What Fred Nile could learn from my queer family


Maeve Marsden

The horror of partying with your mums.

The horror of partying with your mums.

There's been a lot of anger from the LGBTQI community this week after conservative politician Fred Nile was booked to appear on a Q&A special discussing our rights. I kept my own commentary on the panelist choice moderate, in part because I was convinced he would do a fine job of showing himself up. And in part because, you know, 'they need to produce good television and appeal to a broad audience'.

But actually sitting in the live audience on Thursday night, the anger hit home when it was my question he was misinterpreting, my life he was criticising, and my rights he was claiming to understand. The camera pointed at me and I said:

I am incredibly proud to have been raised by lesbian mothers. When I face hardship, it's my parents' bravery, pride, intellect, humour, love and care that I draw on for strength. Much of the discussion around families like mine is about whether same-sex parents can offer children 'the same' quality of life as heterosexual parents. But I believe that queer and alternative family structures have unique and positive qualities that mainstream society can learn from. What does the panel think that the LGBTQI community can teach our straight friends?

Fred Nile on <i>Q&A</i>.

Fred Nile on Q&A. Photo: ABCTV

My question was – very purposefully – not a question about whether or not same-sex parents should be allowed to have kids, whether or not those kids turn out alright or whether or not kids 'need a mum and a dad'. In fact if you read closely, it's not even about just families. What I want to hear, and the discussion I want our society to have, is about how difference can be good, why queer families are unique and what can be learnt from families like mine.


Funnily enough, I don't define my childhood by what gender roles my parents played. With nostalgia, I remember it by thinking about how often I was allowed to watch Degrassi before I did my homework (not often), about Easter Egg hunts with clues worthy of a cryptic crossword, and about whether my parents would crack out the Dolly Parton or Dusty Springfield cassette tape in the car on the way to basketball.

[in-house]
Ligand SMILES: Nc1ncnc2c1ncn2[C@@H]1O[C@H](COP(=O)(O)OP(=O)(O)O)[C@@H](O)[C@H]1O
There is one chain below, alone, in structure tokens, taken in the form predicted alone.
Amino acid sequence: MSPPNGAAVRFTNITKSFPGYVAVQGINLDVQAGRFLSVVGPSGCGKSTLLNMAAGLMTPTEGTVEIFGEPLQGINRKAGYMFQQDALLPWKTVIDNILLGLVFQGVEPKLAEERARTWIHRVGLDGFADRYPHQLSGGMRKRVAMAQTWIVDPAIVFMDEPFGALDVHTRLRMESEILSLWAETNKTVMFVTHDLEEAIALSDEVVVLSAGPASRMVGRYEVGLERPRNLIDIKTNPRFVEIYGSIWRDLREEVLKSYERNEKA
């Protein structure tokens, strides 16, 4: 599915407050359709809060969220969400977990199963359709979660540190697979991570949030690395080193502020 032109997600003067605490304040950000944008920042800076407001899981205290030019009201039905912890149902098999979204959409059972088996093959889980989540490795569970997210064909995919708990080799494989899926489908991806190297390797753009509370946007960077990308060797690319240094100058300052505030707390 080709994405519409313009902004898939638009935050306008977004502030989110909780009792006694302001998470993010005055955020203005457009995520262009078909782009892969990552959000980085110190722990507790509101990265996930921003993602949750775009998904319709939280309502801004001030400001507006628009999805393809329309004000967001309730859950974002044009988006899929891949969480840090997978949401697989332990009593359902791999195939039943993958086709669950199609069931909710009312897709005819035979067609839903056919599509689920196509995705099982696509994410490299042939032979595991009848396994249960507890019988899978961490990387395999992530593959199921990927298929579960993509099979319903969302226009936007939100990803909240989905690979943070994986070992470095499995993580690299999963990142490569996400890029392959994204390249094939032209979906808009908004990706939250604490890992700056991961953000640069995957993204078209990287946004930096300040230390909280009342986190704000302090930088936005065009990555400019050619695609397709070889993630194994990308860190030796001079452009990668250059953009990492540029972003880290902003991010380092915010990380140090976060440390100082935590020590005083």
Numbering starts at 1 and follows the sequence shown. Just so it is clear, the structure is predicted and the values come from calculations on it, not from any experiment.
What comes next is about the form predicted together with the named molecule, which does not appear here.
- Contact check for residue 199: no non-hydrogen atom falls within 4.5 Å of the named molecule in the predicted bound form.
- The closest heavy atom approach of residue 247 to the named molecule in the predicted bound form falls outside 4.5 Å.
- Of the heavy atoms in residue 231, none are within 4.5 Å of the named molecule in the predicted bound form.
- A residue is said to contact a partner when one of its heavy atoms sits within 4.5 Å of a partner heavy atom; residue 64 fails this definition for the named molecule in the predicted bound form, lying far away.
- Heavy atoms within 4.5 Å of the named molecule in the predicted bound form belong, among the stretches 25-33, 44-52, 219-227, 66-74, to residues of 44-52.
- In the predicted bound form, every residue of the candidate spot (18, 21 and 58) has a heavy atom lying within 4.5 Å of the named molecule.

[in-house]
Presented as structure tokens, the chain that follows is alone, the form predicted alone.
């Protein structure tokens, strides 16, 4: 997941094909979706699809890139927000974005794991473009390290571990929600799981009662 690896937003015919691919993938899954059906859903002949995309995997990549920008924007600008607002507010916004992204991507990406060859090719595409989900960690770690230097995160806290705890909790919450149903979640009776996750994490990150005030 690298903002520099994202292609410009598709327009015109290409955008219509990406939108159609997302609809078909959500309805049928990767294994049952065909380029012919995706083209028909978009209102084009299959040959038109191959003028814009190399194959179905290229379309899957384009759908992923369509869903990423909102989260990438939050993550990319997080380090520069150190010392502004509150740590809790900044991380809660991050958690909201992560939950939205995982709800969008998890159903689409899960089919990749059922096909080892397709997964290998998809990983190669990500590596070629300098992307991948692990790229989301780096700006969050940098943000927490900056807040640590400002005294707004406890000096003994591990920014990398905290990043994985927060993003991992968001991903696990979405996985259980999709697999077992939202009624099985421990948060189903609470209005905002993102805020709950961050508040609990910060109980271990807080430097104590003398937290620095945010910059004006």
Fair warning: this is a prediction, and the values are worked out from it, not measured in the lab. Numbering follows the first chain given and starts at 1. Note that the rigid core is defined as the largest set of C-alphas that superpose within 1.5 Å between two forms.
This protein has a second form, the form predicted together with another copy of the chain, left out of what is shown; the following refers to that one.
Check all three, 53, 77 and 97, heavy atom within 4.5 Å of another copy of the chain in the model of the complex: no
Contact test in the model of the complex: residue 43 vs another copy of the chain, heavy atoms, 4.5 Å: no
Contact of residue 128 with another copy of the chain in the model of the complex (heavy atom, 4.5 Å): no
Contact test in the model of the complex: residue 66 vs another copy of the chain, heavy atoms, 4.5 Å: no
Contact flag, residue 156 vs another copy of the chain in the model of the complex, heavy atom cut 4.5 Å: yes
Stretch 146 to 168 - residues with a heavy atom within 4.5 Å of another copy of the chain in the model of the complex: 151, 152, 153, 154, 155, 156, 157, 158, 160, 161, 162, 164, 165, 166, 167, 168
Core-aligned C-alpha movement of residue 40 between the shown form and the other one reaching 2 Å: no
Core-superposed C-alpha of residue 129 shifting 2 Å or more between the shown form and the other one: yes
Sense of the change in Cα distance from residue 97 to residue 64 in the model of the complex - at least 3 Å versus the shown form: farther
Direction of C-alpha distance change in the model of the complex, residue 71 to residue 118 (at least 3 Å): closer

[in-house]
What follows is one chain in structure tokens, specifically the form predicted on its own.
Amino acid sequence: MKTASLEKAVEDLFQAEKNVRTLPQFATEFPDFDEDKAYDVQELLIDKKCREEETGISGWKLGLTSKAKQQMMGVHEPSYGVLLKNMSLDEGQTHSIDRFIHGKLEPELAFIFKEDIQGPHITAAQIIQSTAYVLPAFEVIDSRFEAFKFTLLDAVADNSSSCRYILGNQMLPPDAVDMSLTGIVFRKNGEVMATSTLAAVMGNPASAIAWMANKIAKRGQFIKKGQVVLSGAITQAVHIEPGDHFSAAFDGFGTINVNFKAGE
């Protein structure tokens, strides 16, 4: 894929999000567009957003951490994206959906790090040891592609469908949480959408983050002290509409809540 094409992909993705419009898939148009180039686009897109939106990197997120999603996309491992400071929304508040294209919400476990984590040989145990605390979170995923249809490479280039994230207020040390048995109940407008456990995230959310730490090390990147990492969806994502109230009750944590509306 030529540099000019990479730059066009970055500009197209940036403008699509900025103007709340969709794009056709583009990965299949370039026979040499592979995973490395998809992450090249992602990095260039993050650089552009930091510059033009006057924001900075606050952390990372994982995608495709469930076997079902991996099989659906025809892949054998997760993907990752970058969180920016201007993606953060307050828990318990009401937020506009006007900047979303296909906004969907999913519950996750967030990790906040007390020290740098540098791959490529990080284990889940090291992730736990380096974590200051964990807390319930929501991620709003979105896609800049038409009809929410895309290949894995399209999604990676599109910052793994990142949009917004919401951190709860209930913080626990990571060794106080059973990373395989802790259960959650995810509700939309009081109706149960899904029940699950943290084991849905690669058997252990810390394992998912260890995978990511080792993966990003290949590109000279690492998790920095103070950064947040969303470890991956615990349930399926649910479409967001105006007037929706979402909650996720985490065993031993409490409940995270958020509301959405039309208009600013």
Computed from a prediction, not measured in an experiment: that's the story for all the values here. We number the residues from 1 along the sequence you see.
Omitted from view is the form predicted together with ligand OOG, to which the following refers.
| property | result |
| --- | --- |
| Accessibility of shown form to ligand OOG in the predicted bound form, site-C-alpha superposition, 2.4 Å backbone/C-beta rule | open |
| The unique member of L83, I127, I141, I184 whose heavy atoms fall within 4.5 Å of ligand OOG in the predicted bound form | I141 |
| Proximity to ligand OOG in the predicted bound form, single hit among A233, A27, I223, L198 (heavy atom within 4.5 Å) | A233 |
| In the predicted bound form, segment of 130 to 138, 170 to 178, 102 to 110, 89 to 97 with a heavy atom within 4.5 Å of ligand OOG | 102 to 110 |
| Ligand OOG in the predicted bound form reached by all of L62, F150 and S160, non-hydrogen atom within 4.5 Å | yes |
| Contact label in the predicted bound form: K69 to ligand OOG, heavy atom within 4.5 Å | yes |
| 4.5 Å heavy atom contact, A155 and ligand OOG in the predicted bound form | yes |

But in hindsight I define much of my childhood by what I would call my participation in broader queer culture and my early understanding of queer politics, one that grew before I even knew what my own sexuality would become.

"What I want to hear, and the discussion I want our society to have, is about how difference can be good, why queer ...

"What I want to hear, and the discussion I want our society to have, is about how difference can be good, why queer families are unique and what can be learnt from families like mine." Photo: Supplied

I believe growing up in queer culture offered me unique and positive experiences that children from heterosexual families may not experience. For what it's worth, studies show that children from same-sex families do as well or better on most measures. But these are still measures set by a heteronormative society. I want studies that throw out the rulebook and delve into how alternative families can benefit children.

It is incredibly hard to write about families without generalising – but that hasn't stopped conservative commentators doing it, so with the benefit of actually growing up in and around queer families, I'm giving it a go. 

In my experience, children who were born into queer families tend to be strong communicators. Having to explain my family unit from day one meant I developed the ability to tell a good story and reason with people from an early age.